Wednesday, June 3, 2009

Somebody Else's Reading: So Don't Panic

I hope to come back to the translated text called Septuagint soon. This post is just to reassure us that we're not alone, that other people actually read this stuff.

The "don't panic" logo above is from Kevutim, the writings of James R. Getz, Jr. and his Biblical Studies Carnival XLII. If you've stumbled upon this blog but not yet upon his, you might want to hear what the conversation about this blog has been. Here's more than you want to read (and you might find other responses at my other blog, which Getz ignores so I will too):

In Hebrew Bible, J. K. Gayle of The WOMBman’s Bible translated LXX Num 5.11-31 and compared the water ordeal of the sotah to waterboarding. John Hobbins responded that it is important for feminist interpreters “to respect the alterity of the texts” for those to whom the Bible is their “light, mirror, and compass,” if their interpretations are to gain an wider audience. Julia M. O’Brien’s post The F-word the P-word and bell hooks, though independent of the foregoing discussion might nonetheless be relevant. Steering clear of all such discussions, Douglass Mangum of Biblia Hebraic posted on the message of Malachi. Dr Claude Mariottini posted on the question of Who Was King Lemuel?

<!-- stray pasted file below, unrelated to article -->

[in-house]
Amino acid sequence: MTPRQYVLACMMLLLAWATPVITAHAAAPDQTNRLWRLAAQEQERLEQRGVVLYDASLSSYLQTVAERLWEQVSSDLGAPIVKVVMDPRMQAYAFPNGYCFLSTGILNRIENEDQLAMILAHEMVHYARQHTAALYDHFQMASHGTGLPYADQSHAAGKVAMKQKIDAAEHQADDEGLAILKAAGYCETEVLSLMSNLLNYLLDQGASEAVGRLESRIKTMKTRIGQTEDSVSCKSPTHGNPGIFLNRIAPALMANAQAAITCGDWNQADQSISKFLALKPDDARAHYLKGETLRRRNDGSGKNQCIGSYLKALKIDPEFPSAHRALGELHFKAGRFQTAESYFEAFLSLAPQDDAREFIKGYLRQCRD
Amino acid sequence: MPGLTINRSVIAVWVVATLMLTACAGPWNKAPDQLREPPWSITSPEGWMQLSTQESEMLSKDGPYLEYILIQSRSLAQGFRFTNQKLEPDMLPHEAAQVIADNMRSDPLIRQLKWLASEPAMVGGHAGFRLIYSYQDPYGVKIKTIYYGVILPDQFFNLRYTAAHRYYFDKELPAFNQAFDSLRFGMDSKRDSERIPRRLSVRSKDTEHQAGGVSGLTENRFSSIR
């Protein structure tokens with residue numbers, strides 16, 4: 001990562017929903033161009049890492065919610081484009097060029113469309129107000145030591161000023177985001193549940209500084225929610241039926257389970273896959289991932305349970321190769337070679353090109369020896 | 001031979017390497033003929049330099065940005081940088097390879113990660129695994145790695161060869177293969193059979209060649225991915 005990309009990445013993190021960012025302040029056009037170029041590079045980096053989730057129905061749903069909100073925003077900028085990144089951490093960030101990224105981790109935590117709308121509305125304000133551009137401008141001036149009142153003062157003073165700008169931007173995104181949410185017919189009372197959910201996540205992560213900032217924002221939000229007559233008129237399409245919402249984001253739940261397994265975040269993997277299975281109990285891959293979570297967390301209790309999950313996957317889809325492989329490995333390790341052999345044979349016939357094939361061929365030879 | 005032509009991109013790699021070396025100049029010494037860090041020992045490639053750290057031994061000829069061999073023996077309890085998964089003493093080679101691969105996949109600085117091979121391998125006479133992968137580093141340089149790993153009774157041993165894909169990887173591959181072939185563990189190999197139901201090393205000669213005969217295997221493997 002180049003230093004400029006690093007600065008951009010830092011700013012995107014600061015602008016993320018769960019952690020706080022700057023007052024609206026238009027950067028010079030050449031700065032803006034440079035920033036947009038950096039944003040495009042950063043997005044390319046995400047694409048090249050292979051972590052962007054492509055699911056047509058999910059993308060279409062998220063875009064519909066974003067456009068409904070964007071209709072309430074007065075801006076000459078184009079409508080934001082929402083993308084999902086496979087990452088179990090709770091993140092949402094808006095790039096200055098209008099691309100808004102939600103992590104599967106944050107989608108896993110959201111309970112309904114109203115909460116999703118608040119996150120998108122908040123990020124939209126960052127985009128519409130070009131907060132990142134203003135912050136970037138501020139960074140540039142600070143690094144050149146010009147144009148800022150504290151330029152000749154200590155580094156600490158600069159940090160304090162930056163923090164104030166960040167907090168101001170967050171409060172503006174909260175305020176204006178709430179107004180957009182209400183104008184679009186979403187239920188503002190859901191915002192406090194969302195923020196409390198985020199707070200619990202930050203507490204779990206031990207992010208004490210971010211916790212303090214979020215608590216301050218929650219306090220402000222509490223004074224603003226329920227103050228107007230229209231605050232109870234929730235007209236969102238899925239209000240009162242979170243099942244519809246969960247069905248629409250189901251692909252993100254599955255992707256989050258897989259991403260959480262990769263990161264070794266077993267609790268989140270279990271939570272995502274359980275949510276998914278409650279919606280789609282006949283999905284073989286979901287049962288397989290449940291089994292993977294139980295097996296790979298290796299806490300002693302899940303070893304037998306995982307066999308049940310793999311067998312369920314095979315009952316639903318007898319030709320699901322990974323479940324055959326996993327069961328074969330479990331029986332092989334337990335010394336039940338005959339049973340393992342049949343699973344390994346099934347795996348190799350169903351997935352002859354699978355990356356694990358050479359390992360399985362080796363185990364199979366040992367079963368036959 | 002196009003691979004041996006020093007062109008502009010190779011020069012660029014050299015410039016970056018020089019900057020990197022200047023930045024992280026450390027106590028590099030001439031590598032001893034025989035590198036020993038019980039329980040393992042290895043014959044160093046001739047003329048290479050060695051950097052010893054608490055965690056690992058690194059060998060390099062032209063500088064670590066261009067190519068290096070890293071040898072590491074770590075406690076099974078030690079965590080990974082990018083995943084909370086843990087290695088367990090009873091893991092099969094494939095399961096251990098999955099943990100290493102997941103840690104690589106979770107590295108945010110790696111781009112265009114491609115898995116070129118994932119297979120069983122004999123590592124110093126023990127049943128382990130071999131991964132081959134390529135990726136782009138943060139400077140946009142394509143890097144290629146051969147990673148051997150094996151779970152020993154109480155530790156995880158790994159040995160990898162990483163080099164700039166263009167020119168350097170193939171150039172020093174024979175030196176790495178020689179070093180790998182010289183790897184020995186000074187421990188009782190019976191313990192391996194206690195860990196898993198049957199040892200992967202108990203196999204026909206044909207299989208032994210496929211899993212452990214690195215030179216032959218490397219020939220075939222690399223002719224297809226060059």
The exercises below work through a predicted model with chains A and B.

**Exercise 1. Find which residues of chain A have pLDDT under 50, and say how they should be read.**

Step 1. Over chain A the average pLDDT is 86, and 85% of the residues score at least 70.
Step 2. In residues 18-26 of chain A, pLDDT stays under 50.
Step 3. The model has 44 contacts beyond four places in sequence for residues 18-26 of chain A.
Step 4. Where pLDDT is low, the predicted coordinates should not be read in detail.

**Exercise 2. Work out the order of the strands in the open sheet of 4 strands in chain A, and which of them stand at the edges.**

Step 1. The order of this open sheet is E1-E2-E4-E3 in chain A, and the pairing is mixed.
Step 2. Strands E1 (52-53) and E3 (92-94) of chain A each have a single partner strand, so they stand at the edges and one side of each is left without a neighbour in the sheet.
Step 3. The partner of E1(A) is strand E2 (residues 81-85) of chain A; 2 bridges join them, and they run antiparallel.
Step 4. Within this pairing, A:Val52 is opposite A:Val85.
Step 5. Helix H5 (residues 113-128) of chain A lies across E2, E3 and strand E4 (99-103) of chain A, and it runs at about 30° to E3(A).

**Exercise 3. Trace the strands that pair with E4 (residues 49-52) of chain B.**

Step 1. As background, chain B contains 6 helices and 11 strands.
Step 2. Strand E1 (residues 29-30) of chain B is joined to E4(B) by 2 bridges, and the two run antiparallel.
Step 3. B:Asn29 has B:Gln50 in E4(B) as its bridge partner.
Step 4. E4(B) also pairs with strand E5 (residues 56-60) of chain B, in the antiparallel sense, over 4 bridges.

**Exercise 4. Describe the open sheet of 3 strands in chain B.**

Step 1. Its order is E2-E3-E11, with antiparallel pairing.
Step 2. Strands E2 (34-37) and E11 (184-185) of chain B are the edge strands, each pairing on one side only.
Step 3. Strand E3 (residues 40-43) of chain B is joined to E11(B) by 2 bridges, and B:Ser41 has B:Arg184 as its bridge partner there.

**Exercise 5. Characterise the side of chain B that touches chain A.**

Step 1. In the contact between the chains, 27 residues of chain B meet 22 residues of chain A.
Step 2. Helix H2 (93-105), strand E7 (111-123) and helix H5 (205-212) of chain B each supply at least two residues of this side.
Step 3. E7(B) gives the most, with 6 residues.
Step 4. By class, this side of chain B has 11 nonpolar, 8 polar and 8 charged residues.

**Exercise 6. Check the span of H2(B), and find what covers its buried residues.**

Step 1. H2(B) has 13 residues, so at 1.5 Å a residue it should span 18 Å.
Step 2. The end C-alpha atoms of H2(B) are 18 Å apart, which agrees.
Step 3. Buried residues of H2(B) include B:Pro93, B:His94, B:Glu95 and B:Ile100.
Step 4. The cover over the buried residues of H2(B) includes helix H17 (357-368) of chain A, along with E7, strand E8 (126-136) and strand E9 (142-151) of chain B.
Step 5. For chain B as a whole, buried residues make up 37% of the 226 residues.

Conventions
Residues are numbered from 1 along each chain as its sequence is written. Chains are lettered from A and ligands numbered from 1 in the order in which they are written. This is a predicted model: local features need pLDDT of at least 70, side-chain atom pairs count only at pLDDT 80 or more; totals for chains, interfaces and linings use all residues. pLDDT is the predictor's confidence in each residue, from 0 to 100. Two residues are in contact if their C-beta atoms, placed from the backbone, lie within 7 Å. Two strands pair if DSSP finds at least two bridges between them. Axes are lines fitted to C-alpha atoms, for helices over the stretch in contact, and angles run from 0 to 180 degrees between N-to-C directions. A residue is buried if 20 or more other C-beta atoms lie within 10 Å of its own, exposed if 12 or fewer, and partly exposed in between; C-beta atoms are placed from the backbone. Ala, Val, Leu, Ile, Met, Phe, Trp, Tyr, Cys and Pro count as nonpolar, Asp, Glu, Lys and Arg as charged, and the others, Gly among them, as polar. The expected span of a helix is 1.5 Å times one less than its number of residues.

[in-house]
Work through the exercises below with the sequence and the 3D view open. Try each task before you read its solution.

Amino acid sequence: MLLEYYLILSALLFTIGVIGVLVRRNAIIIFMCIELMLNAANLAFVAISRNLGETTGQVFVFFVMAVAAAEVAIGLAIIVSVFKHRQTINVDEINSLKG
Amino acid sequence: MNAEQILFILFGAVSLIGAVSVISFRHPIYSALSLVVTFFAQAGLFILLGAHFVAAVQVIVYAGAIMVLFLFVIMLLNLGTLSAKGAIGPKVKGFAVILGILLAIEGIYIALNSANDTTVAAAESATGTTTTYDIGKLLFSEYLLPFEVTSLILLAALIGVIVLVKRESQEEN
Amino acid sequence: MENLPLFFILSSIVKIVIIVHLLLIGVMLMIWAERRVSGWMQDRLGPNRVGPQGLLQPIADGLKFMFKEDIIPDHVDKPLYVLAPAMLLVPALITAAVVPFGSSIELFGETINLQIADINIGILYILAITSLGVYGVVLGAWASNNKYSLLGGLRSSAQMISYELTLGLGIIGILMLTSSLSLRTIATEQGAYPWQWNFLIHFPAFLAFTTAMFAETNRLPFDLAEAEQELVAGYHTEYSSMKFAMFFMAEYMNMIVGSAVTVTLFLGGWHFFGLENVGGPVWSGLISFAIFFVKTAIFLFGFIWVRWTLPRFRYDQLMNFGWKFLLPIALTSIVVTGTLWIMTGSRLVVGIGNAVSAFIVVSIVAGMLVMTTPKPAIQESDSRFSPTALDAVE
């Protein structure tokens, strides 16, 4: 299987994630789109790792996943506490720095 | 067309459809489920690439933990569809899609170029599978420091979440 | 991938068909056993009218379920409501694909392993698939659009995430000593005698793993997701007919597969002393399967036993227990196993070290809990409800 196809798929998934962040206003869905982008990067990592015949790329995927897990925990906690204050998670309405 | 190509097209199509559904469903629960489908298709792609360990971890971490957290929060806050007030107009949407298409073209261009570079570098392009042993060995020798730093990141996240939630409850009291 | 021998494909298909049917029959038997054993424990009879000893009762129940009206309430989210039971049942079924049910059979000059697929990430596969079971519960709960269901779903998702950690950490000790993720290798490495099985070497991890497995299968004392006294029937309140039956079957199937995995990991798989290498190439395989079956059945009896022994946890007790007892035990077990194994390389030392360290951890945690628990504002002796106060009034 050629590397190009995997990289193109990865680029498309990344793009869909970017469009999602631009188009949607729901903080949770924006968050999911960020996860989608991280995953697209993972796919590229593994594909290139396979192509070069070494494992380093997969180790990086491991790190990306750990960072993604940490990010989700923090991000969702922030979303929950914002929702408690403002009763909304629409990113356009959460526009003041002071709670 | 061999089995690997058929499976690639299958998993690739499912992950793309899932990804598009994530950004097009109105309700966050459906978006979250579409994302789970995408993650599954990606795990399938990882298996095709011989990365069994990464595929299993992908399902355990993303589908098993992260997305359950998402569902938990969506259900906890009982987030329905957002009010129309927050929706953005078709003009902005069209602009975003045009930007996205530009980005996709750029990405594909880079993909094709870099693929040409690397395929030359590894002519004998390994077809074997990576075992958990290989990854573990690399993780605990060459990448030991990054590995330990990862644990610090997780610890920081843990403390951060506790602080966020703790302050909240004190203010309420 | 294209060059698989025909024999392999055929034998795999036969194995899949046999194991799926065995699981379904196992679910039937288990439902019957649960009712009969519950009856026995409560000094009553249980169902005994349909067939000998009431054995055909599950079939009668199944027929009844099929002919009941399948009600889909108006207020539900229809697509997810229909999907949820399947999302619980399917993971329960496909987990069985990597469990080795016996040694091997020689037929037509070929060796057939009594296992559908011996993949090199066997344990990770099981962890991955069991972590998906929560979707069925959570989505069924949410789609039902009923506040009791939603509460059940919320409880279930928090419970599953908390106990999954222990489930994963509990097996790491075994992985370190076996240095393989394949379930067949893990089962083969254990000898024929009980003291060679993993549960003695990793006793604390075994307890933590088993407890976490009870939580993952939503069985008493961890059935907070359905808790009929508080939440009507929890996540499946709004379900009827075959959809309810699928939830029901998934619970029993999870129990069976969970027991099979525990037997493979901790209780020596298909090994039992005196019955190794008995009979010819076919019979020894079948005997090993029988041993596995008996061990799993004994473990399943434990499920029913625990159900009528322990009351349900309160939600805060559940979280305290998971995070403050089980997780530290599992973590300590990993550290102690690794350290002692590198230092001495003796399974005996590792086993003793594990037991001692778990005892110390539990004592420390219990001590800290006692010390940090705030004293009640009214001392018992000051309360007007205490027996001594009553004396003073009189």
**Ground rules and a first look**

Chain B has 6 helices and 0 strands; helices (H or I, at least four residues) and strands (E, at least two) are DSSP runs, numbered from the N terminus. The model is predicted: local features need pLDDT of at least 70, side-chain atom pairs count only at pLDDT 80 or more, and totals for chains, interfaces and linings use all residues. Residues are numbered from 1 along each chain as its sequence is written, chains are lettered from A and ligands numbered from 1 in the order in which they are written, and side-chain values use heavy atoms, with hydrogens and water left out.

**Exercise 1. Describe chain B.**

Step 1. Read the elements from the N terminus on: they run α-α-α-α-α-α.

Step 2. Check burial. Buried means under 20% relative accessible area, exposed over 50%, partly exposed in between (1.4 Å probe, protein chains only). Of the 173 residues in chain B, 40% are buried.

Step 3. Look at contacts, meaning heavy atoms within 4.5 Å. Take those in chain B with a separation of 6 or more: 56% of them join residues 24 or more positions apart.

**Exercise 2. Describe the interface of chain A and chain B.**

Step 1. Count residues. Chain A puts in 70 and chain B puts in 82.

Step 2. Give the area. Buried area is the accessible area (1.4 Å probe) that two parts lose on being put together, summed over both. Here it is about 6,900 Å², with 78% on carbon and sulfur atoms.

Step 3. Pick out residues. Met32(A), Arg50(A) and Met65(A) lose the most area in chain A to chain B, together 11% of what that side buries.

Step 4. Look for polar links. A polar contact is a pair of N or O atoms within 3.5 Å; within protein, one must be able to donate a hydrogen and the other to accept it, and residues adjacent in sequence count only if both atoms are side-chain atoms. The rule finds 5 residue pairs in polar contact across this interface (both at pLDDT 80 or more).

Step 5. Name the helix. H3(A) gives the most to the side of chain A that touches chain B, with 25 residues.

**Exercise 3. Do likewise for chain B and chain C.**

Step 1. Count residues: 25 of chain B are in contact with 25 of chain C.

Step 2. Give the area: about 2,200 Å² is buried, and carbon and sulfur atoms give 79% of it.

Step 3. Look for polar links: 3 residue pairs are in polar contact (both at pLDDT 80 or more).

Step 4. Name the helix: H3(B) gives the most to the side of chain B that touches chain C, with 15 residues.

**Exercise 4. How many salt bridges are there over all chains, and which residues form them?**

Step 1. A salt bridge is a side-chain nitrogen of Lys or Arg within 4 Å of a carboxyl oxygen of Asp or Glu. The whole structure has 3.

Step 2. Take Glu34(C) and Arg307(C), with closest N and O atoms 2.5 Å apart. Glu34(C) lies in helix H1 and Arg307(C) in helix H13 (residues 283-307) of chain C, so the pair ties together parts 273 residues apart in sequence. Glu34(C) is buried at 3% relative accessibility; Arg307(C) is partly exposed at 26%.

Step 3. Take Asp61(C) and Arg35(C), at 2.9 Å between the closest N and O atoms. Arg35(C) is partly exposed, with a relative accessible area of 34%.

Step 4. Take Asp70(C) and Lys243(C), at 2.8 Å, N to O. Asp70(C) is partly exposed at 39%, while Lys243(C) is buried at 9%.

PS: and for the past few months here have been other, sometimes kinder, comments:

I’m dying for a translation of God’s fiery words that commits a violent work of art! I can’t even understand a blog like WombMan’s Bible (, but as I taste the issues in passing he makes me want to cry. I’ll gladly struggle through awkward phrasings and heavy-handed restructurings if someone will give me the passion.
--from codepoke

I have almost almost given up writing about translation because there has been little to stimulate new thoughts and approaches. Mostly rehashing the same old thing. But here is a new blog called The WOMBman's Bible. In this post, there are several very striking observations about worldplay in the Greek translation of the first few chapters of Genesis.
--from Suzanne's Bookshelf with a nice comment also from Jane Stranz.

Also returning is J.K. Gayle, on The WOMBman’s Bible (looking at those wacky Greek translations of the Jewish scriptures) and Aristotle’s Feminist Subject (looking at many things, but always looking at them a little askew).
--from those kind reporters of the Top Bibliobloggers
who had noticed when I'd returned to blogging (after a hiatus) for all kinds of wacky reasons.

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